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AUGUSTA, Ga. -- The run up the scoreboard, once so routine, was on this day something to behold. A move into contention, once taken for granted, is now greeted with questions.
Can he do it again?
That is where Tiger Woods and his golf game reside heading into the third round of the Masters.
No longer is it a given that he will build on the 66 he shot Friday at Augusta National. No longer is it assumed he'll simply overtake those ahead of him and muscle his way into Sunday's final pairing.
After a year of starts and stops, flashes of greatness but also fits of mediocrity, the doubts persist.
To write Woods off at age 35 just because he has gone the longest stretch of his career without winning is far too premature. But to pronounce him back because of one round of golf is simply foolish.
Almost since the time Woods returned from his self-imposed exile at the 2010 Masters, he has rarely been able to back up good play with more good play.
In recent times, four of his past five under-par scores were followed by a round over par in his next competitive appearance.
Woods' 6-under-par effort Friday matched his lowest score of the year -- during the second round of the Dubai Desert Classic and then again during the final round of the WGC-Cadillac Championship.
The latter score helped him finish in the top 10 for the only time this year, although he was never in contention during the final round. The former helped him into contention in Dubai, where he shot 72-75 on the weekend and dropped to a tie for 20th.
The big question Saturday: Can Woods have success similar to that of Friday?
"I'm looking forward to it," said Woods, who trails leader Rory McIlroy by three shots and will play in the second-to-last group with K.J. Choi. "I played myself back in the tournament. I'm three back, and we have got a long way to go. It's going to be fun."
Woods kept it business-like afterward, as did his swing coach, Sean Foley, who was not making any bold pronouncements.
"We will just keep keeping on," Foley said.
Neither would say so, but the 66 had to be Woods' best round of the year, especially considering the circumstances.
He began the day in a tie for 24th place, then teed off in the second-to-last group as the conditions got more difficult. And he began poorly, making bogeys at two of the first three holes.
But birdies at the eighth and ninth, then another at the 10th, got him on a roll. He made a remarkable par save at the 11th after blowing his drive into the trees, then made three more birdies in a row at the 13th, 14th and 15th.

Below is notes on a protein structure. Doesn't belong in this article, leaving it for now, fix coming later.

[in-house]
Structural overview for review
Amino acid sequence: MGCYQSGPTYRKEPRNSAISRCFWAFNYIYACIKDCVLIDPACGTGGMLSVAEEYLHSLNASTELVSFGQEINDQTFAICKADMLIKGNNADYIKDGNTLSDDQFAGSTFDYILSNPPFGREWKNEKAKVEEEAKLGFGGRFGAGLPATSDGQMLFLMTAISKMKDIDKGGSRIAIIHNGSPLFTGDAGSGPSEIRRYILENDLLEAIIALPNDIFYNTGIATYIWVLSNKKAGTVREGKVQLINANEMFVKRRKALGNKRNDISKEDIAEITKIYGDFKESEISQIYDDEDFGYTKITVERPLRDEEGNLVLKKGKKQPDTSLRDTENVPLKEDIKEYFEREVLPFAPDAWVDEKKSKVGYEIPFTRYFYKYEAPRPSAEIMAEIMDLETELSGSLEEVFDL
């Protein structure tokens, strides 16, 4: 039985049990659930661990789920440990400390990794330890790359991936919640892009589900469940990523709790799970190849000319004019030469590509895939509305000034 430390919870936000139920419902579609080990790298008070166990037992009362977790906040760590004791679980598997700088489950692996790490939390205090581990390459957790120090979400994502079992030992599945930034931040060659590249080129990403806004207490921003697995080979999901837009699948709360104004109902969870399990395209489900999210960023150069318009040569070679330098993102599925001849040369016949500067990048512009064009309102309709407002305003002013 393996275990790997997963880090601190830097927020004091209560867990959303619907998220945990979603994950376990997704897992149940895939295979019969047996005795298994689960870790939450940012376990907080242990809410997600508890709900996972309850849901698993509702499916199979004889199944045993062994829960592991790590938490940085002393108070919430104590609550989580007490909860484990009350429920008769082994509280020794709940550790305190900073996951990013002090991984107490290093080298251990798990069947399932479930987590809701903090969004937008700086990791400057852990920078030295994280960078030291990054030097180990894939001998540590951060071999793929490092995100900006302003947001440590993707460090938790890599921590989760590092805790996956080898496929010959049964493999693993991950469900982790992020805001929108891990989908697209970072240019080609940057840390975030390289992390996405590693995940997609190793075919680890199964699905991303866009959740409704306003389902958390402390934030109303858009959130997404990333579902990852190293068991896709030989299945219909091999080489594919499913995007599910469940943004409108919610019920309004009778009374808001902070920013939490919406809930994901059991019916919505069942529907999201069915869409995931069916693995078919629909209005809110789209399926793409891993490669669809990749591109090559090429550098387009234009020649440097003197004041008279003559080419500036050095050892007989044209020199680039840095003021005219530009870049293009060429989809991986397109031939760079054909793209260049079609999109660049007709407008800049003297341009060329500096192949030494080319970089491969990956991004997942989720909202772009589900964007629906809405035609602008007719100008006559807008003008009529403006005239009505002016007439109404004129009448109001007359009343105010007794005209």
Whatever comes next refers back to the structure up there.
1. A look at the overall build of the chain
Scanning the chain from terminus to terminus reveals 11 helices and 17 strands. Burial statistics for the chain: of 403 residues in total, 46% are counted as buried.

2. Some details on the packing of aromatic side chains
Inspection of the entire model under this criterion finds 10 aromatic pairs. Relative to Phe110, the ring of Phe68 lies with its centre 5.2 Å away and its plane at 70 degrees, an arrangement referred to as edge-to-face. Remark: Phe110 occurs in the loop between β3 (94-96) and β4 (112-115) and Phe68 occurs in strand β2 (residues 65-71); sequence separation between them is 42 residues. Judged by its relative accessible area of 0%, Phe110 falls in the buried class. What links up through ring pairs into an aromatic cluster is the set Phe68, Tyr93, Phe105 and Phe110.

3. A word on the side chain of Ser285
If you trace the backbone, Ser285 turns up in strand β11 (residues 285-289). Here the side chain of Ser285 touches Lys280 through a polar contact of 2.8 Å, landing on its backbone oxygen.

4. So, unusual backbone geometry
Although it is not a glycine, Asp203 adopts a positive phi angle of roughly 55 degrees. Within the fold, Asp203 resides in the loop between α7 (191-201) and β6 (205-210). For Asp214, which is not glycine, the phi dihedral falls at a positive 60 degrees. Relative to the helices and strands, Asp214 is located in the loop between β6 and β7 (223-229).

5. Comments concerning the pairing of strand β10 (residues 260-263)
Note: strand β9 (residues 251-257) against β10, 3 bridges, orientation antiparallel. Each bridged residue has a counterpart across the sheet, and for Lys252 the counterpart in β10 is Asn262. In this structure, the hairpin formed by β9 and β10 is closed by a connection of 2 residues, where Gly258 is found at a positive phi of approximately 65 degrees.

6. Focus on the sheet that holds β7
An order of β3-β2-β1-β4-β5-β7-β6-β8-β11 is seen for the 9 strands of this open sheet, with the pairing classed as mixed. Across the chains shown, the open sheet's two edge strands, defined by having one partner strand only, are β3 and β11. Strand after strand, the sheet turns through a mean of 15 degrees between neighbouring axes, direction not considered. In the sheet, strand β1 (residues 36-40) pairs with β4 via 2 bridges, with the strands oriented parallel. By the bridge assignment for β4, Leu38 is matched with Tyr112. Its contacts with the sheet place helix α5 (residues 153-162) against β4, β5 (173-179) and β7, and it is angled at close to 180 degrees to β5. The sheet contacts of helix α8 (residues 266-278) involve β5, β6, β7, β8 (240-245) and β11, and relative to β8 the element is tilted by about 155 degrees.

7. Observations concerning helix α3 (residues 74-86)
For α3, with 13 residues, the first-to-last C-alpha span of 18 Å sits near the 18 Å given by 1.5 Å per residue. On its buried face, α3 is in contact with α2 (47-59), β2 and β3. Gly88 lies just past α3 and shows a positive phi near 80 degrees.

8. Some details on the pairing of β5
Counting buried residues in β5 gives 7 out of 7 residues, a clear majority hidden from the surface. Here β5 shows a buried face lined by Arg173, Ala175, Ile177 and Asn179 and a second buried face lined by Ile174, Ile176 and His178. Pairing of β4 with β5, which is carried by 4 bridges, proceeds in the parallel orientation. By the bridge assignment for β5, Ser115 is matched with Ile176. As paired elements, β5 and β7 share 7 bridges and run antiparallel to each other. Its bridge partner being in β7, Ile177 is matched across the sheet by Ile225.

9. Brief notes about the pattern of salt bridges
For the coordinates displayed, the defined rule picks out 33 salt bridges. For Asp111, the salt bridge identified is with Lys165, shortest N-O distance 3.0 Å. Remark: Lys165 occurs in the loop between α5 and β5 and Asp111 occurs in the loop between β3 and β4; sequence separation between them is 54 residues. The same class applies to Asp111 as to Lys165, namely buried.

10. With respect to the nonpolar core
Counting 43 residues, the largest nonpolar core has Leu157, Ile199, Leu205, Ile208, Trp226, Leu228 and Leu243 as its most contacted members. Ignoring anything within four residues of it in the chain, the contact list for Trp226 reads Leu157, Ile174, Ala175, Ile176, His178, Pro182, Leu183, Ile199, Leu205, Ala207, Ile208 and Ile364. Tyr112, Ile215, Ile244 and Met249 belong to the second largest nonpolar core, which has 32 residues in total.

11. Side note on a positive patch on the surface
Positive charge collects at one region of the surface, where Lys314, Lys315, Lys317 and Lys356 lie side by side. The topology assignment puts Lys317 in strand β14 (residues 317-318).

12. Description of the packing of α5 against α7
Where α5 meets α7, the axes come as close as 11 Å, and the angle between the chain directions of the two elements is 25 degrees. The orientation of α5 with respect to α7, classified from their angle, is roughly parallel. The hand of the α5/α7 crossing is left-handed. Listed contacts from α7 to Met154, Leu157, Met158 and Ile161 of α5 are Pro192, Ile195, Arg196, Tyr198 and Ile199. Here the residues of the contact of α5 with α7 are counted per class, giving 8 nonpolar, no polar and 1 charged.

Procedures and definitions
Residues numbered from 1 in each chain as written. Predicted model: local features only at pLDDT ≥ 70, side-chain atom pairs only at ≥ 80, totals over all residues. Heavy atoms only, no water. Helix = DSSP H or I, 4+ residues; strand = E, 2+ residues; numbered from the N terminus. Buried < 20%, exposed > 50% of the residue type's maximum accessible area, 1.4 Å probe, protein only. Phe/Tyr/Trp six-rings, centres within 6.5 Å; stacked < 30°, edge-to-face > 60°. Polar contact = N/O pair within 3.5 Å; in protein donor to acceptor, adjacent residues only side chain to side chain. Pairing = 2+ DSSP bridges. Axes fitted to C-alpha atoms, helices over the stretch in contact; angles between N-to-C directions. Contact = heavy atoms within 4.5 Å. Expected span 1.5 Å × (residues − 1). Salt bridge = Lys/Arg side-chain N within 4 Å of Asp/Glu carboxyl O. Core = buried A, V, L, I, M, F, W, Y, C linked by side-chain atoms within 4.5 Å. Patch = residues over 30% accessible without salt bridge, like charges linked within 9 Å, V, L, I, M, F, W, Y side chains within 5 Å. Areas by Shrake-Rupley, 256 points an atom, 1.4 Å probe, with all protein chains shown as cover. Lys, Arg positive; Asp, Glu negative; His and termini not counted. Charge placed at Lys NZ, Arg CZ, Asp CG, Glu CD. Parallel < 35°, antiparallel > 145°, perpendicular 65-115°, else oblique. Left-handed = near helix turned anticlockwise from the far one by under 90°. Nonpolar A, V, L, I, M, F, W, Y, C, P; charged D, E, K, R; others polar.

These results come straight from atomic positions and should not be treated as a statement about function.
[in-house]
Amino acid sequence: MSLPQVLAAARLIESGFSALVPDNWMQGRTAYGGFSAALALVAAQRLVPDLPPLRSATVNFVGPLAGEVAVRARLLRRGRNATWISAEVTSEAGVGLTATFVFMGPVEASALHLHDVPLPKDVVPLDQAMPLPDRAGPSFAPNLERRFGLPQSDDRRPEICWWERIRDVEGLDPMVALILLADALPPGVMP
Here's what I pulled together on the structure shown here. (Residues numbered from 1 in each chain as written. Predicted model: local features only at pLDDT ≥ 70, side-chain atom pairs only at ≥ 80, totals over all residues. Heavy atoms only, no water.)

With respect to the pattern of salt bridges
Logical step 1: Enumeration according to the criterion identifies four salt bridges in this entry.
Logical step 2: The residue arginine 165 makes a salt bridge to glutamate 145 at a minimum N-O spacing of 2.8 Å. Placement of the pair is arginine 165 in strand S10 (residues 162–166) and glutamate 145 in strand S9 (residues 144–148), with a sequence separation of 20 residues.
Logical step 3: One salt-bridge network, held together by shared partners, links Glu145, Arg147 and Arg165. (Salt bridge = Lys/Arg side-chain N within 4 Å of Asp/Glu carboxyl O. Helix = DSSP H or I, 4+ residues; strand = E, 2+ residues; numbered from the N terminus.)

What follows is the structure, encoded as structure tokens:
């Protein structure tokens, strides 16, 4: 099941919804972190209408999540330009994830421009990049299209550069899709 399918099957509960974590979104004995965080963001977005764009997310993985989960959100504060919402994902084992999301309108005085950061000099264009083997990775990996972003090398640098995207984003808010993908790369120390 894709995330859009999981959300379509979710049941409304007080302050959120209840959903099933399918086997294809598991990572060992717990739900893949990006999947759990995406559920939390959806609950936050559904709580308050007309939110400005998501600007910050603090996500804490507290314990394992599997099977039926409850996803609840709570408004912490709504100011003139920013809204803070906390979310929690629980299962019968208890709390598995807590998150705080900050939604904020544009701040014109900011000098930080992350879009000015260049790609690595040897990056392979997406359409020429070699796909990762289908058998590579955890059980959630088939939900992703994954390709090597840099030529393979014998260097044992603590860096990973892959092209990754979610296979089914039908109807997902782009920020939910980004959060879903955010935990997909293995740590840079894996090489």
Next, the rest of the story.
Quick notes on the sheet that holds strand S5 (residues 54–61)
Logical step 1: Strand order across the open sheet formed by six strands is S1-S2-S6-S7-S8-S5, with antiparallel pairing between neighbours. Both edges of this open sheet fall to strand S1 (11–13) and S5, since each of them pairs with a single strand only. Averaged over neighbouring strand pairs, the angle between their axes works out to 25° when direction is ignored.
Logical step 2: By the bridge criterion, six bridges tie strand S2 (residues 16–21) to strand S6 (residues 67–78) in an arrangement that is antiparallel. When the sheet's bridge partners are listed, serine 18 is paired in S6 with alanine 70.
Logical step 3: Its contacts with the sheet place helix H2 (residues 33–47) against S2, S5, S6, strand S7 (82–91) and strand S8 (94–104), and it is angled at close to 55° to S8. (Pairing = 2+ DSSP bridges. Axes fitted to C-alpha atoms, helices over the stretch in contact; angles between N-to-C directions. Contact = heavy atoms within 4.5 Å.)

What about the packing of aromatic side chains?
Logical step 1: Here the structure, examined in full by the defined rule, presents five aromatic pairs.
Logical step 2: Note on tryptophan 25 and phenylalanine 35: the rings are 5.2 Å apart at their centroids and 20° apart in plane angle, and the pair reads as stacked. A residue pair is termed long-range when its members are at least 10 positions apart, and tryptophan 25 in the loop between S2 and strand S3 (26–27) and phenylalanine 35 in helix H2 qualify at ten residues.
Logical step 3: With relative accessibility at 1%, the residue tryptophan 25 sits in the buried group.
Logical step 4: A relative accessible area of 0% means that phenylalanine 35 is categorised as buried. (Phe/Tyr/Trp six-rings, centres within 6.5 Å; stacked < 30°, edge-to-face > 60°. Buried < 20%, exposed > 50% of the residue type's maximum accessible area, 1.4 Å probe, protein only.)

When he rolled in a 12-footer for birdie at the 18th, he had played the back nine in 31 strokes and his last 11 holes in 7 under par. Another good sign: Every time Woods made a bogey, he answered with a birdie.
"Any time you shoot 66 in a major, it's always going to be good,'' he said. "I'm very pleased about that.''
The 66 was his best score at Augusta National since he shot 65 during the third round of the 2005 tournament on the way to his fourth Masters victory.
Since then, he had shot in the 60s just four times before Friday, although this was his 16th consecutive round at par or better here.
Nowadays, however, he is not perceived as the lock that he was on his way to winning 14 major championships -- having gone a career-tying 10 majors without a victory.
"It's more than just Tiger trying to win this tournament,'' said Lee Westwood, who moved into a tie for seventh with a 67. "There are other guys on the leaderboard who can try and intimidate.
"But it's nice to see Tiger playing well. I think the tournaments and the game of golf are always better when Tiger is playing well and up there.''
Of late, it has been rare.
Woods' last victory as a pro came in November 2009 at the Australian Masters. His best finishes last year were ties for fourth at both the Masters and U.S. Open, where he shot an impressive 66 in the third round to put himself right there.
Then he shot 75 during the final round and saw Graeme McDowell win the title -- when 72 would have put him in a playoff.
Backing it up has remained an issue through the work with Foley, as this year's rather small body of work still suggests.
"It was nice to get it going today and it was nice to put myself only three back,'' Woods said.
Ahead of him are two players -- McIlroy and Jason Day -- who have played in fewer majors (12) than Woods has won (14). They both spoke of being inspired by his 1997 Masters victory -- when McIlroy was 7 and Day 9.
And there was a time when, quite possibly, they would have wilted in his midst.
Now, we don't know, do we?
"I'm just trying to put myself in the mix come Sunday,'' Woods said. "It's irrelevant who is there. My whole job is to get myself there with a chance with nine holes to go. That's what we have always done. I've been successful at it in the past by doing it that way.''
That, of course, seems like a long time ago.
Bob Harig covers golf for ESPN.com. He can be reached at BobHarig@gmail.com.